It has been a very busy April/May – preparing 75 pieces for North Somerset Artsweek #nsaw2019 – but so worth it!
We have had a great response from visitors to the Clevedon Theatre Shop venue, in terms of numbers, purchases and (more importantly) conversations. Just today and tomorrow to go then time for a rest.
The artists, Eric, Laura and myself.
My work on show – B&W photos taken with the antique camera and large prints taken with the new Fujis. Also one of the wood-sculptures – Starling murmuration (sold).
A successful first lino-cut in a short taster-workshop.
Captured a few images today with the 1900s Hora half-plate camera on X-ray film – scanned and inverted. Just learning what iso this film is – about 50. And learning what speed the Thompson Pickard shutter is actually operating at – 1/125s
Saturday 9th March in Weston High Street,
I’ll be there offering the opportunity to try Aluminium etching of a photograph. The photograph can be one we provide or one of your own – even a selfie! This is about making something permanent from the type of image that’s typically quickly forgotten or passed over. It’s about slowing down the image making process – taking 30 minutes – if we are investing that amount of time in an image we will think more carefully about the image’s significance.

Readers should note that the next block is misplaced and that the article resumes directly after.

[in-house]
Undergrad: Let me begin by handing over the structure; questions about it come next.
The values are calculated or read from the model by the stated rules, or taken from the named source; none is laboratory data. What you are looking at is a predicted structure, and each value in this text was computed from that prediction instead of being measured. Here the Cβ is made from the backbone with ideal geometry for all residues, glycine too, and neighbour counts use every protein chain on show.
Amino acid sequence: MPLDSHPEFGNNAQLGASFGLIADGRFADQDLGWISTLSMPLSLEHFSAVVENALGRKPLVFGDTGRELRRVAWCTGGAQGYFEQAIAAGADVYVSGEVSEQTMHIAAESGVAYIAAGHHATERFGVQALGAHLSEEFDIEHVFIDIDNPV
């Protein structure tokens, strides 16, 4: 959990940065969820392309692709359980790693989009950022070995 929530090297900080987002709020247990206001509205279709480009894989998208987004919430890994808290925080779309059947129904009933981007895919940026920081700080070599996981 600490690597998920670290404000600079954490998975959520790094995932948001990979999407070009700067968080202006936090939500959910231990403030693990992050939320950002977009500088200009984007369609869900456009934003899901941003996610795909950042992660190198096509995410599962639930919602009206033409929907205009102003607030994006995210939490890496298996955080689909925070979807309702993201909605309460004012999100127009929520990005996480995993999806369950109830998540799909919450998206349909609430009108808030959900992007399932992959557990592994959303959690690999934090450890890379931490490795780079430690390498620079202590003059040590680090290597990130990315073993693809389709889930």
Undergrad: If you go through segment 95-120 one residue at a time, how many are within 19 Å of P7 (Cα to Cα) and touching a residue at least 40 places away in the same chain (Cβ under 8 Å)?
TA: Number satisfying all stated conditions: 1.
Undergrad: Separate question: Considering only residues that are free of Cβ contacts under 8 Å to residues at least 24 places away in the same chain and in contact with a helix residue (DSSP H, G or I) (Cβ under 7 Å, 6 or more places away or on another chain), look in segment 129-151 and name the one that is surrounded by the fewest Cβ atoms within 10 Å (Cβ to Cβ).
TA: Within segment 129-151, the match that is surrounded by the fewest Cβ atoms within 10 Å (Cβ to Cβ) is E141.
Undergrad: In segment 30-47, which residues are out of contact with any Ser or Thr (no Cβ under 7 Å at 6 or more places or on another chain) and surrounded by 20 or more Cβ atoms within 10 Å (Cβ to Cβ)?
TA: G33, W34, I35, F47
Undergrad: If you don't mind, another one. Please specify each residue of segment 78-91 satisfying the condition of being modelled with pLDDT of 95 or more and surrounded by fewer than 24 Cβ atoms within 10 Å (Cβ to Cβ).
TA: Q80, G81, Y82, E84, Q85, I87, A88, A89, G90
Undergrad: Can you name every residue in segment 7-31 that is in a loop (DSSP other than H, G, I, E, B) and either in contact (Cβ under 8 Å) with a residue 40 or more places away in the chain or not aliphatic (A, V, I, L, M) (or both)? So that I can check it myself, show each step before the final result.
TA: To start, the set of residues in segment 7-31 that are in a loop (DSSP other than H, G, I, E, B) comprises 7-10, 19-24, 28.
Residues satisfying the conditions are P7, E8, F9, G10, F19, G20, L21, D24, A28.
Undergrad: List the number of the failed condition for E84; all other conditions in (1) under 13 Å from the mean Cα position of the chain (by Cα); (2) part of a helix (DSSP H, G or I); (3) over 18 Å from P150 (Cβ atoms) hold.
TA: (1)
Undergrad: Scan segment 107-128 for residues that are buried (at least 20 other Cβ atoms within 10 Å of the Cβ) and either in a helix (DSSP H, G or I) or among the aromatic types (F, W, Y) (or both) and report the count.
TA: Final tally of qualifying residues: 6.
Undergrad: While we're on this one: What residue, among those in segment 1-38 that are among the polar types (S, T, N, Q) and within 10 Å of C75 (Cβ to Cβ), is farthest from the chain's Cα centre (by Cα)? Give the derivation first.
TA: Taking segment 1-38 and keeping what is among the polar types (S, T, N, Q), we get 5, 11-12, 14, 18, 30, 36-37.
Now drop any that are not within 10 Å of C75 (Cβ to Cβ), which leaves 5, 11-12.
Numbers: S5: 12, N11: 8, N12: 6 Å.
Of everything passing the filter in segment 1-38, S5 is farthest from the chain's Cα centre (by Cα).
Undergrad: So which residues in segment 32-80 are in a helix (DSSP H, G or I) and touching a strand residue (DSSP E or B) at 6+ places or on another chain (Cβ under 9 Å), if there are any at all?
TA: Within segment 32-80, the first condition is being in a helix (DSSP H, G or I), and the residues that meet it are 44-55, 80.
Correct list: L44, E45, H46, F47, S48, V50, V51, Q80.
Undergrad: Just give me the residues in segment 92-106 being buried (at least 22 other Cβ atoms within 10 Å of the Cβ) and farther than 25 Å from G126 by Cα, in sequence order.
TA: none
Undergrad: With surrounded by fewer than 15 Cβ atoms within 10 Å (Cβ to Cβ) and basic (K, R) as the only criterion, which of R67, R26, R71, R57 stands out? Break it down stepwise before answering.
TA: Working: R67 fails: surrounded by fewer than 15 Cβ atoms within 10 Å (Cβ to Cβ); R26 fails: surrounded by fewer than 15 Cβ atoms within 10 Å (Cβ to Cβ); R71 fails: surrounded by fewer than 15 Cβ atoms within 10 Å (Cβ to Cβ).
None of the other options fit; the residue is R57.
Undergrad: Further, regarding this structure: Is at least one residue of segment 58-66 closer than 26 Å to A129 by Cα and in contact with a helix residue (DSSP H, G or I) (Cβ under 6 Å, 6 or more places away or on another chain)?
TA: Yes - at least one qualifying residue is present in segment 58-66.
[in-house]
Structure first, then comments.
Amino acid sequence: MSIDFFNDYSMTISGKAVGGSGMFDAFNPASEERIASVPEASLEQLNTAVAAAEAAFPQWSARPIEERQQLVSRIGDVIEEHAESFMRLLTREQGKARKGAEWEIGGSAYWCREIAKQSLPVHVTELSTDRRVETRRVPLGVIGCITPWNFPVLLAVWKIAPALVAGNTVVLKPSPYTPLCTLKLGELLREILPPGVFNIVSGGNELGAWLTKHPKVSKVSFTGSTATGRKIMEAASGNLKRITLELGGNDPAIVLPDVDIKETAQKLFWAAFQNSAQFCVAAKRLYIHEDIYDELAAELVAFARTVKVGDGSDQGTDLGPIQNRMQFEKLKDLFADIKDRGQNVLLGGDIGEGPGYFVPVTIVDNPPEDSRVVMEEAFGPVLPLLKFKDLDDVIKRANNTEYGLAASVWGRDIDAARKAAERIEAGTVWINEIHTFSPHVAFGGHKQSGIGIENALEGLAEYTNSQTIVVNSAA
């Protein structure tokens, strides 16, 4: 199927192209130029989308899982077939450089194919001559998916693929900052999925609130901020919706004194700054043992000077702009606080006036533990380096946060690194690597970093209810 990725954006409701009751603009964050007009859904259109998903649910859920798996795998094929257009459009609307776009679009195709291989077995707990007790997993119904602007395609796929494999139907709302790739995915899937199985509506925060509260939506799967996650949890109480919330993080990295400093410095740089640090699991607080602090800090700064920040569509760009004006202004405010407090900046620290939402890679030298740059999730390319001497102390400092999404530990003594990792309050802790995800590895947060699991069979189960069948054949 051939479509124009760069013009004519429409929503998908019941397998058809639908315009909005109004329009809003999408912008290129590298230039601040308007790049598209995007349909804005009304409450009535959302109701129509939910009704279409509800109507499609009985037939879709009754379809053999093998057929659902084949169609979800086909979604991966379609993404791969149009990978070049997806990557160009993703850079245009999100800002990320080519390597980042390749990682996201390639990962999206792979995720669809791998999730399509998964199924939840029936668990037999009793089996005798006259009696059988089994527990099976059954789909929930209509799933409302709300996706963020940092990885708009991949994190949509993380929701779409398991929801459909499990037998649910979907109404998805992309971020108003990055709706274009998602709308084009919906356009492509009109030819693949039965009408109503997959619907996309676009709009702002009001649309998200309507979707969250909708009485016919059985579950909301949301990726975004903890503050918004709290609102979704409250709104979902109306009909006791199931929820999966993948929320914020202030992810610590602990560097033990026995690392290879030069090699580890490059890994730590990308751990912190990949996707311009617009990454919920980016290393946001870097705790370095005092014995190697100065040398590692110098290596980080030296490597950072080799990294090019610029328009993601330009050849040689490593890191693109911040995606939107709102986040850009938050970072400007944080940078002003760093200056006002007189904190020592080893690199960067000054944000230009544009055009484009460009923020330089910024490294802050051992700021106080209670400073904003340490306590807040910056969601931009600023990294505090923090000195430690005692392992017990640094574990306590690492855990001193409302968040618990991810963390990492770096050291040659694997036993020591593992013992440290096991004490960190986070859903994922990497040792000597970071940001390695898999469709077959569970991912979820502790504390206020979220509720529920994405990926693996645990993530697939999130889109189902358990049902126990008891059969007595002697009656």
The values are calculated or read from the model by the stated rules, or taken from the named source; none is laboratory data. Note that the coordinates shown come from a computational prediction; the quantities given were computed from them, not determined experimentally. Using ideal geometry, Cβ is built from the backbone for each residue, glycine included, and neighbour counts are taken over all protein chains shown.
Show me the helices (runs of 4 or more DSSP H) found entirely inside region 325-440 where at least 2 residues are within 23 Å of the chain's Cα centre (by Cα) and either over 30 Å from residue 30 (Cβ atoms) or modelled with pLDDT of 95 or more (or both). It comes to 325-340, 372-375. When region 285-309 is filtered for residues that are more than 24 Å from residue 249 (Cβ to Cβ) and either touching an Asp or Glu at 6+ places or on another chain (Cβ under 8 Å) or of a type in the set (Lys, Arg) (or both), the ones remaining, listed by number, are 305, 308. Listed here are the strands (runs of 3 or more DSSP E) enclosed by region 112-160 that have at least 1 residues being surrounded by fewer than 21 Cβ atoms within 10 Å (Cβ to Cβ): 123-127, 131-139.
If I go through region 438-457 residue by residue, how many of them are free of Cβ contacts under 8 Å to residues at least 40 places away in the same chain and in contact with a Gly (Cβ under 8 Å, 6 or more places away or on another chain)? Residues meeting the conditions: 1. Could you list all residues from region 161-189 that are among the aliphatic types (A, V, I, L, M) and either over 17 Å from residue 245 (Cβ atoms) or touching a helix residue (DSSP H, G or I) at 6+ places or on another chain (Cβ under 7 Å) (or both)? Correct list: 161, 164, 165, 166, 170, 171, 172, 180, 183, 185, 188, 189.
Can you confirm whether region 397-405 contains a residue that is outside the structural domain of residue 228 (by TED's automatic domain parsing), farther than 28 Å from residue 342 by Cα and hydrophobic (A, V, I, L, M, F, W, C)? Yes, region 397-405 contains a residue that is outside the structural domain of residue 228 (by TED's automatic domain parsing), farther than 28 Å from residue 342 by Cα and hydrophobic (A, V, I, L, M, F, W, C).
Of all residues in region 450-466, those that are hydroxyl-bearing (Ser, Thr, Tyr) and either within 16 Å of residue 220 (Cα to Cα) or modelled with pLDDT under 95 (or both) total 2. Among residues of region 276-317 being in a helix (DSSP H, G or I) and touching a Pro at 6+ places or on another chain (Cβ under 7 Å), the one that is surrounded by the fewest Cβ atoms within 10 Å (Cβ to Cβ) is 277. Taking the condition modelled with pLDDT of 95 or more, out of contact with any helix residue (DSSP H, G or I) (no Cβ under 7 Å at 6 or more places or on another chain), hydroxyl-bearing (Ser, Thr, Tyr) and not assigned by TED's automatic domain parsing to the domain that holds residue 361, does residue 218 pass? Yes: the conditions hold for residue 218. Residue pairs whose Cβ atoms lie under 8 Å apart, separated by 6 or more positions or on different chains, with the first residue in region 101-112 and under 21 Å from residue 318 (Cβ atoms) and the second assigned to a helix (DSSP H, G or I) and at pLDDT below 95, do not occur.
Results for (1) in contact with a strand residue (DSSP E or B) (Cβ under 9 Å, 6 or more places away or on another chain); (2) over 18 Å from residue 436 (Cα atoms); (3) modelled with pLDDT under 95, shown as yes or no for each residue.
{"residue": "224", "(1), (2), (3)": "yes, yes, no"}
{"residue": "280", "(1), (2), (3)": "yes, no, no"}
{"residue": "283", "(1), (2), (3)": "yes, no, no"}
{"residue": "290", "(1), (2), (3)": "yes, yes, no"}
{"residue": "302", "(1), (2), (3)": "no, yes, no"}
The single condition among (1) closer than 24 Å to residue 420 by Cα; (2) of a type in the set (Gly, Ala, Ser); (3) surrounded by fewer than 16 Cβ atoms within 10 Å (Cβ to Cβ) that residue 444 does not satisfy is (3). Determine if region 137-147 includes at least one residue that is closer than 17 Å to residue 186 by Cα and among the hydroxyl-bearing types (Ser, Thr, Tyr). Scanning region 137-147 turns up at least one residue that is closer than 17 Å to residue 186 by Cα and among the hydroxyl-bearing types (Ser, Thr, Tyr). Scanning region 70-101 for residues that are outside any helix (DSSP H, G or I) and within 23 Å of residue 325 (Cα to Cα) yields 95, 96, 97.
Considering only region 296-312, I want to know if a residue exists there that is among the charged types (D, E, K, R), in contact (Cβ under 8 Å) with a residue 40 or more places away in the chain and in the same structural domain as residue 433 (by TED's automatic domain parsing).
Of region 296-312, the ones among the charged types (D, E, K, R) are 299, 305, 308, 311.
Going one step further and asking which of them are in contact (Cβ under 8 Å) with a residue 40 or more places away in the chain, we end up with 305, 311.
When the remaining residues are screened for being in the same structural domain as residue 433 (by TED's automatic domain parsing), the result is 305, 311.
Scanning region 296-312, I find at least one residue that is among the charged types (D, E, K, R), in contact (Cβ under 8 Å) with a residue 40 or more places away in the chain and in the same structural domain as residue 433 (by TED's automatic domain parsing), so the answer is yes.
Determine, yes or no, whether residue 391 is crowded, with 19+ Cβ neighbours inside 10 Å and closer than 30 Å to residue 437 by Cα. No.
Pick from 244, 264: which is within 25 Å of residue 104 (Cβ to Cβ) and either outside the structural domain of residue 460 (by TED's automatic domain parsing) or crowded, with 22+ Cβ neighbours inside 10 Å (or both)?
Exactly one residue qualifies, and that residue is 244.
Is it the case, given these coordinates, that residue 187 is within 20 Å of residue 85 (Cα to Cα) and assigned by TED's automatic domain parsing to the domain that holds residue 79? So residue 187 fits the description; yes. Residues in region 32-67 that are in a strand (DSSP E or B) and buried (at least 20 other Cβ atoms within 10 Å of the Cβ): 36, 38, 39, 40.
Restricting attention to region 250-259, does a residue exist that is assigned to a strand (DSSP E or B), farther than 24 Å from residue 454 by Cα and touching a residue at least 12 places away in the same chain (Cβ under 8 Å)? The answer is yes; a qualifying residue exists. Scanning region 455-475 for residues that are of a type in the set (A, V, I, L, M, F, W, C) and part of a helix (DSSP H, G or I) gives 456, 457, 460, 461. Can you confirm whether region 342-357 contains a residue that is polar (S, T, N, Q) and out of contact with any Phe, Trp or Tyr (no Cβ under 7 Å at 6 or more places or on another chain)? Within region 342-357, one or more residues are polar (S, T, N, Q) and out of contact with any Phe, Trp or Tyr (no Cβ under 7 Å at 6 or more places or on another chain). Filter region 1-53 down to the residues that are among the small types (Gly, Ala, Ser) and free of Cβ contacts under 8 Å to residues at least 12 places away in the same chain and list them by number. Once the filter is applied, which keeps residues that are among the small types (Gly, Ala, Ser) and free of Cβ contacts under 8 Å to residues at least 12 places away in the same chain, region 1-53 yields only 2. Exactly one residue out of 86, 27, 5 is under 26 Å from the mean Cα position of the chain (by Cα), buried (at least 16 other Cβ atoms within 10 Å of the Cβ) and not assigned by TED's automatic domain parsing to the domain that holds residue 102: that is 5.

Another useful tip from an online forum – to reduce the contrast of a photo paper negative, the advice is to “pre-flash” it with a short exposure to an enlarger light. I don’t have an enlarger so have rigged a small desk light with a couple of sheets of tracing paper over the shade and then added a filter holder and for the flashing added a number 9 Ilford magenta filter. Pre-Flashing the paper for 0.5 to 1.0 s seems to have given an improvement in tonality for the images. To test the process, I deliberately chose a high contrast picture – dark soil and white, sun-lit, crocus flower.
First – without flashing
With 5×7 sheet film being expensive, at over £1 a sheet, I have been looking for alternatives. I love the look paper negatives give to some images and so will continue to use paper as “film” for some subjects – particularly those that don’t move …
In searching discussion forums on alternative photographic processes, I came across questions and advice about using x-ray film. Working out at around 10p a sheet this looked almost too good to be true – but it works … and it looks great!
The film is described as being “sensitive to green light” so I wondered if, like photopaper it would render reds as black, but that is not the case. There is quite a good tonal range as the print below shows.